I'm with you 100% on this one. Actually, about 75%, I rarely change underwear. I can actually go... uh... wait, shit, i've said too much.
 

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Needless to say I change hobbies like underwear.
... ^ I want a shirt.

I feel this way a lot, but I think I'm just in that age group. I don't know if this would work for you, (admittedly, most of the time I say it doesn't work for me, because I hate doing it) but when I force myself over and over again to stick with something, I start to begrudgingly enjoy it most of the time. As elementary as this example is, I hated brushing my teeth when I was a kid. Now, I like how my mouth feels fresh and clean afterwards. More of life is like that than even I like to admit, I think.
 

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We spend a good portion of our life fighting entropy/doing maintenance. Sleeping, doing laundry, washing dishes, exercising, eating, organizing and cleaning our house, etc. are some of the ways we fight entropy. I took a week and logged how much time, I spent fighting entropy and it's about 60% + and it's boring as hell unless you find another way to view those things.

Okay, now let's combine that with the research on Impact Bias. Basically, we misjudge how happy we predict we'll be when good things happen vs when bad things happen to us, getting dumped, getting unexpectedly pregnant etc - Psychology Applied to Modern Life: Adjustment in the 21st Century - Wayne Weiten, Dana S. Dunn, Elizabeth Yost Hammer - Google Books

What I can conjecture is that even with bringing more and more novelty into our lives, after a year, we'll still have the same level of happiness then if we didn't.

All life is a balance of managing Certainty and Uncertainty. We want to be able to predict that we can eat tomorrow and that we'll be able to sleep somewhere without getting robbed. Creating that certainty in our life tends to move us away from uncertainty so we throw in a vacation or a skydive here and there and we think that helps.

Because of the research, I don't actively search for Peak Experiences though I like them and do them. Last week, I flew to another city for one day to see Florence + the Machine in concert because it was on my Bucket List. That was novel, but in the long run because of Impact Bias, I know stuff like that doesn't really affect my overall level of happiness.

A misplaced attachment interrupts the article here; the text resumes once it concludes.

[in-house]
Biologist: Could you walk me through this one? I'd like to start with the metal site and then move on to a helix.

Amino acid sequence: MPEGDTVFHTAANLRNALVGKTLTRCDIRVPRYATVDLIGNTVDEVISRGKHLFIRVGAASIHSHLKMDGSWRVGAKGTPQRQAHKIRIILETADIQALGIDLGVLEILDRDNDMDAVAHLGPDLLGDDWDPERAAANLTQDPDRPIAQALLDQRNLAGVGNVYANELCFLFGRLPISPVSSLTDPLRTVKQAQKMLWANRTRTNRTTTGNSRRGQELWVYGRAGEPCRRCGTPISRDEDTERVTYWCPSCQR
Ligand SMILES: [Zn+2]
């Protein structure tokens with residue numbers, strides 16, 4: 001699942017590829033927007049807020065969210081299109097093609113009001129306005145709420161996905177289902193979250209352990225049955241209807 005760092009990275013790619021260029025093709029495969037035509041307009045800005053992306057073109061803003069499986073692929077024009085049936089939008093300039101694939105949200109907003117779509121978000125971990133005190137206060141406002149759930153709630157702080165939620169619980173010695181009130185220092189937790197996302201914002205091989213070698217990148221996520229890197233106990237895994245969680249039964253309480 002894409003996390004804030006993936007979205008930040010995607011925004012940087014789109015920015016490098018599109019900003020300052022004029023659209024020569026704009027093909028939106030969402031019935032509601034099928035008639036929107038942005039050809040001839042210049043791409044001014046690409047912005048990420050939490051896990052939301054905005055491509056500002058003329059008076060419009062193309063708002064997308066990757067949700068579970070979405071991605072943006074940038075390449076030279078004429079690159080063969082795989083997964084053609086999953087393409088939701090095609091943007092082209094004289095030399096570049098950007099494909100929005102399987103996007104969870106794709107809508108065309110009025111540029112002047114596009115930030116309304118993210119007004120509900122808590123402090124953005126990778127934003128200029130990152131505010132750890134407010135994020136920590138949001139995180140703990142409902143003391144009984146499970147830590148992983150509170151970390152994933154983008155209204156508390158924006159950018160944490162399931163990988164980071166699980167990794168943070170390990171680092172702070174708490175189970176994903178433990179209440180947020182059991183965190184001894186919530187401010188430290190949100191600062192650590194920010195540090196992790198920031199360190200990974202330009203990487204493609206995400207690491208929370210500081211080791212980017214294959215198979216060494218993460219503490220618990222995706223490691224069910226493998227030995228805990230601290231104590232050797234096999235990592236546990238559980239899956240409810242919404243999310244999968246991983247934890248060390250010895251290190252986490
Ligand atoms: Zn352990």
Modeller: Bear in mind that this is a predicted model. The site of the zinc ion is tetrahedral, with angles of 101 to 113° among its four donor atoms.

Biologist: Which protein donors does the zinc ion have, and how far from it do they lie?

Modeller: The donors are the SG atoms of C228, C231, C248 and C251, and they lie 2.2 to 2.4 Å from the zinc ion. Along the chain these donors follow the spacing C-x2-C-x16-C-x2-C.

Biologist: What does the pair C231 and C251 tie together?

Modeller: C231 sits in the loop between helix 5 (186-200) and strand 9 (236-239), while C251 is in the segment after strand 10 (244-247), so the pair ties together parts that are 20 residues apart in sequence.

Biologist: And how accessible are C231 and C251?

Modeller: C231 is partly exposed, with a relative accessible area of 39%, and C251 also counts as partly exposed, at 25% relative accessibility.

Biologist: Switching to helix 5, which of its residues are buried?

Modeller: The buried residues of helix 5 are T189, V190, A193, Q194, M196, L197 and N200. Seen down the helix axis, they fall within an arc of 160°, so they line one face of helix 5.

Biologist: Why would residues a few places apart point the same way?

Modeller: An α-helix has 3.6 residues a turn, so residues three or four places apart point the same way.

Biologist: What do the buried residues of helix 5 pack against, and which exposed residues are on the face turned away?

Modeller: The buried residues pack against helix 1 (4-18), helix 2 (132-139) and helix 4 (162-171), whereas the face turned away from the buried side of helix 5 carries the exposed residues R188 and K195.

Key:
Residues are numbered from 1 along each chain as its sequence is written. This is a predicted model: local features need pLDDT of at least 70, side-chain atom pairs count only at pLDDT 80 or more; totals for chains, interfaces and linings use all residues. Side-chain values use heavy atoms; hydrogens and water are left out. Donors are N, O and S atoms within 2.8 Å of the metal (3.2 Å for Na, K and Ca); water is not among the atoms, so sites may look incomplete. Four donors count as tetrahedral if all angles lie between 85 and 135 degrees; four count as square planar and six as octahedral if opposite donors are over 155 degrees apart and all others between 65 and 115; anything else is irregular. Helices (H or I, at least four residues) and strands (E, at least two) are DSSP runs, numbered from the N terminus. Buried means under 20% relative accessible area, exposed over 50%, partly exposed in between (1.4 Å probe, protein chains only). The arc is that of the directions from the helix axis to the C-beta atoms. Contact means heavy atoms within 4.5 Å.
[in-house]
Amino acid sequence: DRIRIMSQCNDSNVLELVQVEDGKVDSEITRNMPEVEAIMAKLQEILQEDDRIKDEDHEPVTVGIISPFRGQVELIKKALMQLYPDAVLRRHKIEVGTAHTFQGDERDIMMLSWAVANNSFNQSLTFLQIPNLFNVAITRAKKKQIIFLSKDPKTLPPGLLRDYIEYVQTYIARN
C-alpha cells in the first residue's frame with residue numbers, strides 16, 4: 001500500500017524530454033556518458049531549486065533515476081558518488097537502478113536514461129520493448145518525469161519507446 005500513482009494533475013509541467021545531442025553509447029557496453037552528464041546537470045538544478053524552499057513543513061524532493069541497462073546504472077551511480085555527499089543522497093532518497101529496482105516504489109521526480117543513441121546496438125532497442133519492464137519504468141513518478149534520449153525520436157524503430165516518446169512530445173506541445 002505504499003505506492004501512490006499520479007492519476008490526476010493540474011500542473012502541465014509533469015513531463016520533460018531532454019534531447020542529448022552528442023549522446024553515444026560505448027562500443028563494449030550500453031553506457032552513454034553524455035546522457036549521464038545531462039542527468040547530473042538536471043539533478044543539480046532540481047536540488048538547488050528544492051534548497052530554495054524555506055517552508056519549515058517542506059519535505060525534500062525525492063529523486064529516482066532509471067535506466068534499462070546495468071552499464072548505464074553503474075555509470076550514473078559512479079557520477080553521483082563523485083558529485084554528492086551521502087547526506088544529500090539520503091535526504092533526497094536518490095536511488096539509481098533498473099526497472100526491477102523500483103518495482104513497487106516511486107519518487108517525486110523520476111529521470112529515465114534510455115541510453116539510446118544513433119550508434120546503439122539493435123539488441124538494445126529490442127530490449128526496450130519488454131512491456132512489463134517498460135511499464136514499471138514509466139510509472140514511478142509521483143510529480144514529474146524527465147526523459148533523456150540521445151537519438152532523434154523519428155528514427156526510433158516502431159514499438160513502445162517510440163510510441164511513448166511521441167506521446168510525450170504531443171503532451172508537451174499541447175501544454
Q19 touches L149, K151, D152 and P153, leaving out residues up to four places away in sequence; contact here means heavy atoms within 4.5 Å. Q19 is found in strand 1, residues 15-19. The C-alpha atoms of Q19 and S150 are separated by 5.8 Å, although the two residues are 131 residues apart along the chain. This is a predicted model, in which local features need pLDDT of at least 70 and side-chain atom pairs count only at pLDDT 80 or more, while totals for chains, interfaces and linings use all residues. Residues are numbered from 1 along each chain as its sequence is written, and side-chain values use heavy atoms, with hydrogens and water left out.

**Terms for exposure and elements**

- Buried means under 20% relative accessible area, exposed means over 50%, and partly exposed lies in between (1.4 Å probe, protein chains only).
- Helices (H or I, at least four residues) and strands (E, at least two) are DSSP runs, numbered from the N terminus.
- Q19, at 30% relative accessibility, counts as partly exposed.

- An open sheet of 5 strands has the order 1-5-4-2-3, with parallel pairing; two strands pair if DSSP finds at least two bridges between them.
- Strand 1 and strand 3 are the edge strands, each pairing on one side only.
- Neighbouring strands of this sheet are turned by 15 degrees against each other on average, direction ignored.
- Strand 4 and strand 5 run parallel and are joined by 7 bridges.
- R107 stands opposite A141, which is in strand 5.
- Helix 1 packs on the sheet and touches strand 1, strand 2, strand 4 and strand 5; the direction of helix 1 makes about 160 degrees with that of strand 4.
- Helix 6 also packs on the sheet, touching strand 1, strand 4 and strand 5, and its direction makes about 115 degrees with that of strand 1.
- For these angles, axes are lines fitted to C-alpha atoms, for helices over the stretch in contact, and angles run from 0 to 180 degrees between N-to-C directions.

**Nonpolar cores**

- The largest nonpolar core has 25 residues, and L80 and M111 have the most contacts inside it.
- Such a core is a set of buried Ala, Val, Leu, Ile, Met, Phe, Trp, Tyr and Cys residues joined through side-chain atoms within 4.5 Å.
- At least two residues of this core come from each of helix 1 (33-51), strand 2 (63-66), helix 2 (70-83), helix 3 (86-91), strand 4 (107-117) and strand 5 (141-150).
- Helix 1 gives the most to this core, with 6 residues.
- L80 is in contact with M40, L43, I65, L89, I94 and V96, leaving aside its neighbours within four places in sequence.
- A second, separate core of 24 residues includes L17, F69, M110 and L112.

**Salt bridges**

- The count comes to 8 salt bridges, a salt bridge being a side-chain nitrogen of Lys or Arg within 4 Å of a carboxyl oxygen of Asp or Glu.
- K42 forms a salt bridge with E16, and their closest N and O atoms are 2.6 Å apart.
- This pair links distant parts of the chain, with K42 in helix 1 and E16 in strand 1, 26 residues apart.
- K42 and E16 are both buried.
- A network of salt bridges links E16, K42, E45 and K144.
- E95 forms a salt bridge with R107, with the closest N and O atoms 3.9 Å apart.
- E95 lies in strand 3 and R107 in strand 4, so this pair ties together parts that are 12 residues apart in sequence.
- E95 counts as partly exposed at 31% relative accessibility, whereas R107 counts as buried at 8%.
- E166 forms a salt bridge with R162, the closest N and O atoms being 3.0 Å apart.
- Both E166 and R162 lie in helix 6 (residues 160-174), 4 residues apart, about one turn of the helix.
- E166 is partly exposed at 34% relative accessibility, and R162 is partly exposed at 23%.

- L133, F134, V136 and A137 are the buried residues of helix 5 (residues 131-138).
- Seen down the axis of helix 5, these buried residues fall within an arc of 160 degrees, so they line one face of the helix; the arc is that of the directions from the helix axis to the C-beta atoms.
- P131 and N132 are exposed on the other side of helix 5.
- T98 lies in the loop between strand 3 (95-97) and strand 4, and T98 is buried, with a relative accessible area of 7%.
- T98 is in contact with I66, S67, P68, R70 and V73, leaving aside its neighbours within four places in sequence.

For me combating the monotony of fighting entropy really comes from perspective shift and pattern shifting. Change how I look at doing things and what they mean to my life. Change how, when and what things I do. I'll add new activities and remove old activities every once in awhile, but I like to get good at something I start so I tend to do things for years before I get bored.

Also, It's easier to do pattern shift if you simplify your life so there's less moving parts.
 

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I like changing. I've come up with a method is to do/learn something new every day, but I could easily exhaust the list of what I'd do. Never very successful with this plan...
 

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I'm exactly the same way. I can't stick to one thing for too long. The only thing that has stuck to me is playing football. Everything changes so often.

Four years ago, I was into photography. A year after that, skateboarding. Then, I studied playing the piano again. Then, wakeboarding. Now, writing.

I usually have a 'thinking place' near my house where I read or write. For the past years my choice has been cafes. I become a regular for about 4-6 months, then I look for another place. I'm running out of cafes to go.

Oh, I can't keep myself interested in anything for too long. So, I really can't help you there.
 

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I never get bored with anything. I'm very jumpy with my concentration, but I tolerate monotony. Unpredictability spices up life, but I want it to be based on safety of predictability of the important stuff.

I guess, I'd be the perfect worker for some kind of repetitive tasks, but only if I can from time to time indulge myself in deep thinking. So, in that way I don't think I would ever get bored of anything really. It's my internal world that keeps the external world seem like a constantly changing flux, even if it weren't really.

So, in time to time, I escape into my thoughts. I'm not even really present in reality, when I'm there.